Visual Effects Supervisor Brendan Taylor talks about creating one of the most incredible and ambitious images of The Handmaid’s Tale Season 2 premiere.
Full disclosure: I didn’t know the Fenway Park sequence in the second season premiere of The Handmaid’s Tale was done with visual effects. I thought that maybe Hulu sprang for an excursion to Boston to film a terrifying sequence in the iconic stadium’s outfield. Imagine my surprise when I learned that it was done with the help of visual effects supervisor Brendan Taylor and his team. You can view the reel on the Mavericks VFX website here.
Early in our conversation, I gushed that I thought the sequence was filmed in Boston, and he joked that I wasn’t the one who thought that. My error was something Taylor took pride in.
“On Twitter, there were people in Boston who said, ‘Stop filming in Boston! You’re ruining all our landmarks!’ Taylor said. “I took a little bit of joy in that.”
Upping the Size and Scope
The creators of The Handmaid’s Tale weren’t kidding around when they extended the world of Gilead beyond Margaret Atwood’s classic novel. At the end of Season 1, Elisabeth Moss’ Offred is thrown into the back of a van, but we don’t know where she’d headed. The second season literally picks up where it left off, and we discover that she is taken to Fenway Park for a massive hanging of handmaids. Taylor knew the stakes were raised and the pressure was on.
“We had to get it right. The scene is so emotional. When we got the rough cut, there were grown men crying. It’s such an emotional, beautifully filmed scene. The worst thing to have happen is to do it and not knock it out of the park–so to speak. If there was any break in the illusion, it would break the scene and Elisabeth’s amazing performance and Colin Watkinson’s cinematography.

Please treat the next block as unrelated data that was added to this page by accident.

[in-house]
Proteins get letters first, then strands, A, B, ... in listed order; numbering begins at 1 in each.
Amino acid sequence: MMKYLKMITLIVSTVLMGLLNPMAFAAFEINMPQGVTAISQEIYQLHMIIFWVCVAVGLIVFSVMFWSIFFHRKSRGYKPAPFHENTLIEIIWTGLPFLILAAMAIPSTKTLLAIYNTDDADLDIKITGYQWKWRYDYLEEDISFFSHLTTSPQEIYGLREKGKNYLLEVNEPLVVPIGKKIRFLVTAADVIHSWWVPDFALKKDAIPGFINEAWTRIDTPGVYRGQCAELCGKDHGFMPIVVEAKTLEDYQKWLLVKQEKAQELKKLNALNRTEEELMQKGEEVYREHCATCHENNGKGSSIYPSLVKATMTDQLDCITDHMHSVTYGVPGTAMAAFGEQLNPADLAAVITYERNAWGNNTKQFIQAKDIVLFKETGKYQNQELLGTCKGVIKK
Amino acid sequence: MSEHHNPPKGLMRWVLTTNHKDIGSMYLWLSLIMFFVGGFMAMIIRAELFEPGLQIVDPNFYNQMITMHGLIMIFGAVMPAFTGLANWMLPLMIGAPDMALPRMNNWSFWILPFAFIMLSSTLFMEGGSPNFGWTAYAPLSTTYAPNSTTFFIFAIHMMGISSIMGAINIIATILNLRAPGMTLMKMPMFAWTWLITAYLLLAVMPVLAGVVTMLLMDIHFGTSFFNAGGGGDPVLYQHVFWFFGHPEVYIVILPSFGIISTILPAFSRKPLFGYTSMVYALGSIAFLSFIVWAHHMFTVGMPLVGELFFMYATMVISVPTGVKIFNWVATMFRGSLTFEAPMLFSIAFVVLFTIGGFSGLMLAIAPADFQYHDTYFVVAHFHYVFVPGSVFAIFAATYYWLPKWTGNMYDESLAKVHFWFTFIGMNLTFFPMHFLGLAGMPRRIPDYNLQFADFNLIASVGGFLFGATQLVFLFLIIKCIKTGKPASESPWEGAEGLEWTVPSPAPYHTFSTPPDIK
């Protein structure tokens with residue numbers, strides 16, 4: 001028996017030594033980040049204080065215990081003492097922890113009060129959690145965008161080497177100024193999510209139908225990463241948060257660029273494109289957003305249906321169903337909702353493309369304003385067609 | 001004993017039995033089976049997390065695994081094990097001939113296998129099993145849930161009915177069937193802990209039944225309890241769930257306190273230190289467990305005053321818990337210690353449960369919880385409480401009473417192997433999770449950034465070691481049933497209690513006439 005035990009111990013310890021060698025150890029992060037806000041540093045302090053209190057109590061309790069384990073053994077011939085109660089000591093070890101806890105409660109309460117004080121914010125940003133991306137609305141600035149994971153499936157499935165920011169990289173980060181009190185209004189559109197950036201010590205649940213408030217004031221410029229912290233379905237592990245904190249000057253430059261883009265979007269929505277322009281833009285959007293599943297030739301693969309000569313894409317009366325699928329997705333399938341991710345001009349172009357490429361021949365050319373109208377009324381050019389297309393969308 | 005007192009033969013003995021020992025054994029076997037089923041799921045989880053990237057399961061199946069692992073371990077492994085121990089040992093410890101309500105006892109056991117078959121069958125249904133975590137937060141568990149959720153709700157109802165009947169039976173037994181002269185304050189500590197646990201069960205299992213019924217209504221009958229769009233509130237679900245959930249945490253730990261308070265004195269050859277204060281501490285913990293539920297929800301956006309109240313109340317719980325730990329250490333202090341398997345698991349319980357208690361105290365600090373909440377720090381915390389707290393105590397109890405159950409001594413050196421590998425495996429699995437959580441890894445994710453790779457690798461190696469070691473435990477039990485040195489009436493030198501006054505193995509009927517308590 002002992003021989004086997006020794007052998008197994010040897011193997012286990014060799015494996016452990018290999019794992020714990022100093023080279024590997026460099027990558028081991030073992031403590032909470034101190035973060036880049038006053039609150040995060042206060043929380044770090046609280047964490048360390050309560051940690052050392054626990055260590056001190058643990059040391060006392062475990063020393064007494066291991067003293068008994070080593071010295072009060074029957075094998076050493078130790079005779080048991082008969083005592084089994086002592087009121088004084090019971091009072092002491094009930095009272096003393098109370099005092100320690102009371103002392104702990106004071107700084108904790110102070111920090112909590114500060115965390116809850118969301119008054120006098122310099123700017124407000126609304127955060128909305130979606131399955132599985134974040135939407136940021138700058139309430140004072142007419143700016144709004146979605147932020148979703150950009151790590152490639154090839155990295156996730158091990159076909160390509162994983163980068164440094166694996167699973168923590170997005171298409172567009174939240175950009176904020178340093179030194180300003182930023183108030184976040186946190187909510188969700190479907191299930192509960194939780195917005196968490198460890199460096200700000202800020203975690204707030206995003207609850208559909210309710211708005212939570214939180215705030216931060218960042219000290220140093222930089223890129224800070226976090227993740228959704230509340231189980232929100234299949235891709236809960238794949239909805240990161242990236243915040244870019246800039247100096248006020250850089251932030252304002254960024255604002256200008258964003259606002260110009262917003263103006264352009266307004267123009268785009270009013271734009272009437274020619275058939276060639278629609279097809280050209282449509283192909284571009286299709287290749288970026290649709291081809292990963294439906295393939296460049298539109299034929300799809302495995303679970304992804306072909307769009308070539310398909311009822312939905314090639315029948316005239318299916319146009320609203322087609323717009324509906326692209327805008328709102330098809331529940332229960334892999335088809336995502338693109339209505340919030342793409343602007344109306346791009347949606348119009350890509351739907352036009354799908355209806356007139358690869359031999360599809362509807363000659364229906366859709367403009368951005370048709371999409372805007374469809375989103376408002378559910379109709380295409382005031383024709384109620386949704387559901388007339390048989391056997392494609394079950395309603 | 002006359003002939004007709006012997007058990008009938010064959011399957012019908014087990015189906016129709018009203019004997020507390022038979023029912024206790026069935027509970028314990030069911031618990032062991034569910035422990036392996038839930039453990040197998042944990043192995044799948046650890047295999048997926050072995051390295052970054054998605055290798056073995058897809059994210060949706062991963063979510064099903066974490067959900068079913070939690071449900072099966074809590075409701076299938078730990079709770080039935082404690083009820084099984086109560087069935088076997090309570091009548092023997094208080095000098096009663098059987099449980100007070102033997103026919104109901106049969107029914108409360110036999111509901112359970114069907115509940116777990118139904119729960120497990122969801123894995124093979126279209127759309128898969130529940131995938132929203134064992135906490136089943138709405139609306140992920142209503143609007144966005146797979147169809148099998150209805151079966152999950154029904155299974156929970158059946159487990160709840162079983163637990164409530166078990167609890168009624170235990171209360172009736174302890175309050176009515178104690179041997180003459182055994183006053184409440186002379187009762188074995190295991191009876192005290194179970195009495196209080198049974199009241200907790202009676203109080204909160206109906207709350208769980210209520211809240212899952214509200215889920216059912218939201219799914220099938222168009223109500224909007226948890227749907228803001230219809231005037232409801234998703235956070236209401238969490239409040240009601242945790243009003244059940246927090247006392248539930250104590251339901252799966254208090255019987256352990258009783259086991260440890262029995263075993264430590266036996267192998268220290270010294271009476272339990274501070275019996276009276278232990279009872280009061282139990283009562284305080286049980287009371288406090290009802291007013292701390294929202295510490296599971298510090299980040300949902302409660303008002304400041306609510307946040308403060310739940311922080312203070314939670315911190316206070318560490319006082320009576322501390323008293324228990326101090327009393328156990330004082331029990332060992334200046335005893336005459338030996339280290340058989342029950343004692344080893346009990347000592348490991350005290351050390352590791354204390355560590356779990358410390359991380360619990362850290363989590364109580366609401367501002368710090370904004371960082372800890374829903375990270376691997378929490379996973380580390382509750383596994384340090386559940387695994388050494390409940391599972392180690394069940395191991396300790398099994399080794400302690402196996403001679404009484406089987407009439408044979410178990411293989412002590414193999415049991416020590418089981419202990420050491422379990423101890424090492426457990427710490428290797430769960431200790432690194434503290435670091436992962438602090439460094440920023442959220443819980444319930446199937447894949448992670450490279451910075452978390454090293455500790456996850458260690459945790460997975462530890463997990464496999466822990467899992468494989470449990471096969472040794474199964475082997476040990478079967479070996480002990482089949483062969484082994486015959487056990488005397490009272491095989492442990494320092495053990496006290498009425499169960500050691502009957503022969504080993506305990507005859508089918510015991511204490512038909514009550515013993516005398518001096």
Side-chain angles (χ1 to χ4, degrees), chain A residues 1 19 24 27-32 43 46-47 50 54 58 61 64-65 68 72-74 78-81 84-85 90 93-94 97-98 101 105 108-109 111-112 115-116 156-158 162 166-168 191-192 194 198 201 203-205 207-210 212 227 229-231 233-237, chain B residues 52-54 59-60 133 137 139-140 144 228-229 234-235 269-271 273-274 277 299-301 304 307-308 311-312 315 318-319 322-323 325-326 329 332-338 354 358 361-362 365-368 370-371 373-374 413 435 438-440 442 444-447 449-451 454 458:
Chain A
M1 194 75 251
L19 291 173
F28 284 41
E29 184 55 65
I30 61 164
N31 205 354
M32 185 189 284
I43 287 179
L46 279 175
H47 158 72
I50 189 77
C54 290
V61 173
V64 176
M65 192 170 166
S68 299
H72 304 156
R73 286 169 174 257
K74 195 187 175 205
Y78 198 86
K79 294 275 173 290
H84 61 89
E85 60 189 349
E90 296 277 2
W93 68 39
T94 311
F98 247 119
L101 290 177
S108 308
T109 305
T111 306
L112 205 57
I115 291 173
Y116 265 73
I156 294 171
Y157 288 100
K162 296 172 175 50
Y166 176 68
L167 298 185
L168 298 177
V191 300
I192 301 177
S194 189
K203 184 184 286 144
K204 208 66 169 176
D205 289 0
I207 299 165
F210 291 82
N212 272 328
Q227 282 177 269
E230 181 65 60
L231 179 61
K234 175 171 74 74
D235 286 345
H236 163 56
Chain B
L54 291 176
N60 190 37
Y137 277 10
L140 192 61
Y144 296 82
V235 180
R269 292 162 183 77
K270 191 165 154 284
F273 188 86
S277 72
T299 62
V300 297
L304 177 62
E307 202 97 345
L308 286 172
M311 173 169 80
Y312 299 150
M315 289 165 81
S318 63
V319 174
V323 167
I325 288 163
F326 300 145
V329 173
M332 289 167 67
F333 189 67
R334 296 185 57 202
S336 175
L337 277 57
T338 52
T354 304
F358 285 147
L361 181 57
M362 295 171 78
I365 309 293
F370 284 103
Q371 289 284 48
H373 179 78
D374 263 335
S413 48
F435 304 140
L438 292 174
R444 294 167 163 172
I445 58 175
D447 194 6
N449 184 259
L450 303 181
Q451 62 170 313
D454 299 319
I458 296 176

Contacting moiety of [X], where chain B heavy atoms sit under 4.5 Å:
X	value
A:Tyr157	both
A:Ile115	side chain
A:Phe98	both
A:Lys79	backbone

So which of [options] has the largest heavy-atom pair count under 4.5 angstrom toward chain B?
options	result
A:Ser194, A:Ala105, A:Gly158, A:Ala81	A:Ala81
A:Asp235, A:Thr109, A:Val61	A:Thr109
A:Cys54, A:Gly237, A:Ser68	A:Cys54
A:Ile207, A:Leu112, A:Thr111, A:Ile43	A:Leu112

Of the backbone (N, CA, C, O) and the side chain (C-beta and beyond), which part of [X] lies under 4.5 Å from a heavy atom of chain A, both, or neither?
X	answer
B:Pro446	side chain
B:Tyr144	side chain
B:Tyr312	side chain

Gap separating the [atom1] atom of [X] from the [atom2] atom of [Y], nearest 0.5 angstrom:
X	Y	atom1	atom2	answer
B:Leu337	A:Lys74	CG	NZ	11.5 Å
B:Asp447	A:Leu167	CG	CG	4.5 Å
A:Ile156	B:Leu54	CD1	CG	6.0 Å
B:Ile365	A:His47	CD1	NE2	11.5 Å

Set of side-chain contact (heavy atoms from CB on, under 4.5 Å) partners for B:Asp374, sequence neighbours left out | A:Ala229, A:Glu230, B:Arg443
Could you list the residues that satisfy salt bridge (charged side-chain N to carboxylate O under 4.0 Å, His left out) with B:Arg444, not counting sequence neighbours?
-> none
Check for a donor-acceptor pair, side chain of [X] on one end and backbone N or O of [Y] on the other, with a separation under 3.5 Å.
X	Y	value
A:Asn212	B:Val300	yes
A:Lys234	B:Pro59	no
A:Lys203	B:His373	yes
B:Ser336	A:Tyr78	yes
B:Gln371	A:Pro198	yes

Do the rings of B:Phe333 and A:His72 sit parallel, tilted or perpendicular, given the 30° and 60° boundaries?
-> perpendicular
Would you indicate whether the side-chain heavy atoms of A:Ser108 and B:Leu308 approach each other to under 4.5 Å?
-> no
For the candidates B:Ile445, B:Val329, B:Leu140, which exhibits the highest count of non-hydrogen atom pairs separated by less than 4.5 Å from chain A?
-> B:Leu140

If you watch it as many times as I have—I still get goosebumps—it takes the entire buildup of the scene. The intensity just builds and builds. If there’s any moment where the audience thinks the effects look a little janky, it breaks the buildup and the emotional payoff of the scene. What’s going on in front of the camera has to be forefront and we have to support them as much as possible. We had to be perfect to support the moment.”
Taylor, a self-proclaimed baseball megafan, admitted that the scene actually worked as filmed. The visual effects enhance the story, because it offers a reminder that things everywhere are being destroyed.
“They needed to establish a little bit more of a carcass of the world we’re living in. What better way to do that than the national pastime and something that was played for years and years. Fenway is an iconic structure that anybody watching could recognize. It was a bold choice. When I got the call from the producer about how we were going to do this, I was like, ‘ohmygodohmygodohmygod!’ It’s a masculine sport. It’s male dominated and it’s very overbearing. Even the Green Monster and the press box looking over the field, you know? It does have this feeling of overbearing masculinity and the whole sport does.”
No Green Screen for The Green Monster
While some productions may just throw things together with actors filmed on a green screen (I’m looking at you, summer blockbusters), Taylor knew they needed to take a more practical approach to make it feel like you are in that field on that cold night.